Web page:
Three ways to prep for your dream job during a pandemic

Whether you’re a new student around campus or an old face that’s ready to bounce, you probably chose Rockhurst for one reason: to land a job that will interest you. Luckily, no matter what your situation looks like at the moment, there are things you can start doing today that will help your future self land the job you’ve always wanted. 

Build a Personal Brand Building a personal brand may sound daunting, but it’s a lot easier to create than you might think. While many people hear ‘brand’ and think of logos or themed colors, a personal brand can be boiled down to something much simpler - how you treat, interact, and connect with those around you. When you score a job interview, the company has already recognized that you have the hard skills to fit the position. They are looking for something beyond the pieces of paper you’ve submitted. They want to get to know you as a person. If you invest time into growing soft skills, prepare intelligent questions, and do your research on the company, you will be miles ahead of other candidates - especially the ones who decided to apply just because they liked the aesthetic of the Instagram page. (Disclaimer: If you want to create a color theme, logo, website, or food blog, do it! These additional elements show you are passionate and will help you stand out no matter what career you want.)

Do Your Research It can be tempting to apply for any job that seems remotely interesting when fewer positions are available, and the competition is stiff. However, taking the time to research companies you would like to work for will have better results. Dive into websites: get to know the people, culture, and work. Even if there isn’t a posted opportunity, you can still reach out and start building a relationship. Find an employee on LinkedIn (if you aren't on LinkedIn, you should be) and send a brief message describing what has stood out to you. I landed a job this semester because of a DM I sent on Instagram sharing things I loved about the business. Don’t be afraid to reach out, but make sure you have something relevant and knowledgable to share.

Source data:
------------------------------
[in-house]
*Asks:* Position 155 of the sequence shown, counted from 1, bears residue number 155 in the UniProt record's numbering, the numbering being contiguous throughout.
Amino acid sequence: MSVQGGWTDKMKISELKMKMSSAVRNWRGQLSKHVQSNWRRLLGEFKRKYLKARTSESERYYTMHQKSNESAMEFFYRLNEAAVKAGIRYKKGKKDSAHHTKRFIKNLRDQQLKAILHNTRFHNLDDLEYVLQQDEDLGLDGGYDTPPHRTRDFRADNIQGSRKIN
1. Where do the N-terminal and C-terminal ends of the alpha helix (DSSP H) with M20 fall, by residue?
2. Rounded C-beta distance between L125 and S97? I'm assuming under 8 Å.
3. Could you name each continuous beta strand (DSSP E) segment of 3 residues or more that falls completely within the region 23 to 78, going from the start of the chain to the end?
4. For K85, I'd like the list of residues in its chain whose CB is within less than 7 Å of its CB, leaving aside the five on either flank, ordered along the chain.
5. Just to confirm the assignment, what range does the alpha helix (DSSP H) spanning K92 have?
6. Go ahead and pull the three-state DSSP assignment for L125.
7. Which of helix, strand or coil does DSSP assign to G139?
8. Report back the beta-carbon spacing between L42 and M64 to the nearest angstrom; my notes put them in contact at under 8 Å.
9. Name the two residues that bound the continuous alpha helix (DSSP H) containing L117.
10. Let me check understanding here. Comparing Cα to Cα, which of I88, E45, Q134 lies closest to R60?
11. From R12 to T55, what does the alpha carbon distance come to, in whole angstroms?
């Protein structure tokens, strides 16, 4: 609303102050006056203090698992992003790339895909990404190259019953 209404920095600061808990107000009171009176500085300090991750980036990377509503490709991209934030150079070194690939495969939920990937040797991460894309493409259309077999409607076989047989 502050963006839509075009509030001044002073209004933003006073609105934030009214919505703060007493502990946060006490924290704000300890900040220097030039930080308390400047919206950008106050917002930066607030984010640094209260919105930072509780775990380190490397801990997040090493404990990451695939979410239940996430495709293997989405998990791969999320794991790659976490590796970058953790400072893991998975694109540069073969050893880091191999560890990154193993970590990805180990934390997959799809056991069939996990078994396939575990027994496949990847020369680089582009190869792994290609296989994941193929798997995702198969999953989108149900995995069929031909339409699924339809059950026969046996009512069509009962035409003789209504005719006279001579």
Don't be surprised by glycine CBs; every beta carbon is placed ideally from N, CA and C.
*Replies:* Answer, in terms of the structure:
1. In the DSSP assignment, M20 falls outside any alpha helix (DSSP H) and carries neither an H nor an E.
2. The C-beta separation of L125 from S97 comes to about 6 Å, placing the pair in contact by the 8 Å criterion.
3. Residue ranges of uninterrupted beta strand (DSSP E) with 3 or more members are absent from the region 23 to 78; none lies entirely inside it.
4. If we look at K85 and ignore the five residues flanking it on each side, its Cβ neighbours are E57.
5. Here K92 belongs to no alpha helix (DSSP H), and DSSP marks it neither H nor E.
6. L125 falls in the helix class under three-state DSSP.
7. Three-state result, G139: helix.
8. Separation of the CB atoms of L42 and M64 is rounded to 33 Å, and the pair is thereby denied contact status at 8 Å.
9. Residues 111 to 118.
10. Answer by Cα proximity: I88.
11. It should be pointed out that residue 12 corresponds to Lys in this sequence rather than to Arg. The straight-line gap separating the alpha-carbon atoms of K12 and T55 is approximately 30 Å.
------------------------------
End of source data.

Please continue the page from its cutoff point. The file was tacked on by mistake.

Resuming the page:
Network The greatest beast of them all. Networking is scary. It’s intimidating to talk to people you may have never met in person (something extremely common at the moment given the world’s current situation). While my nerves still peak at the beginning of a phone or Zoom call, it’s important to remember that every person you talk to was once in your shoes. One of the perks of being a student is that people want to help. In all my 100+ meetings, I’ve never met a person who was unwilling simply because they had no interest in assisting a student start their career. Be prepared, do your research, and you’re guaranteed to crush it.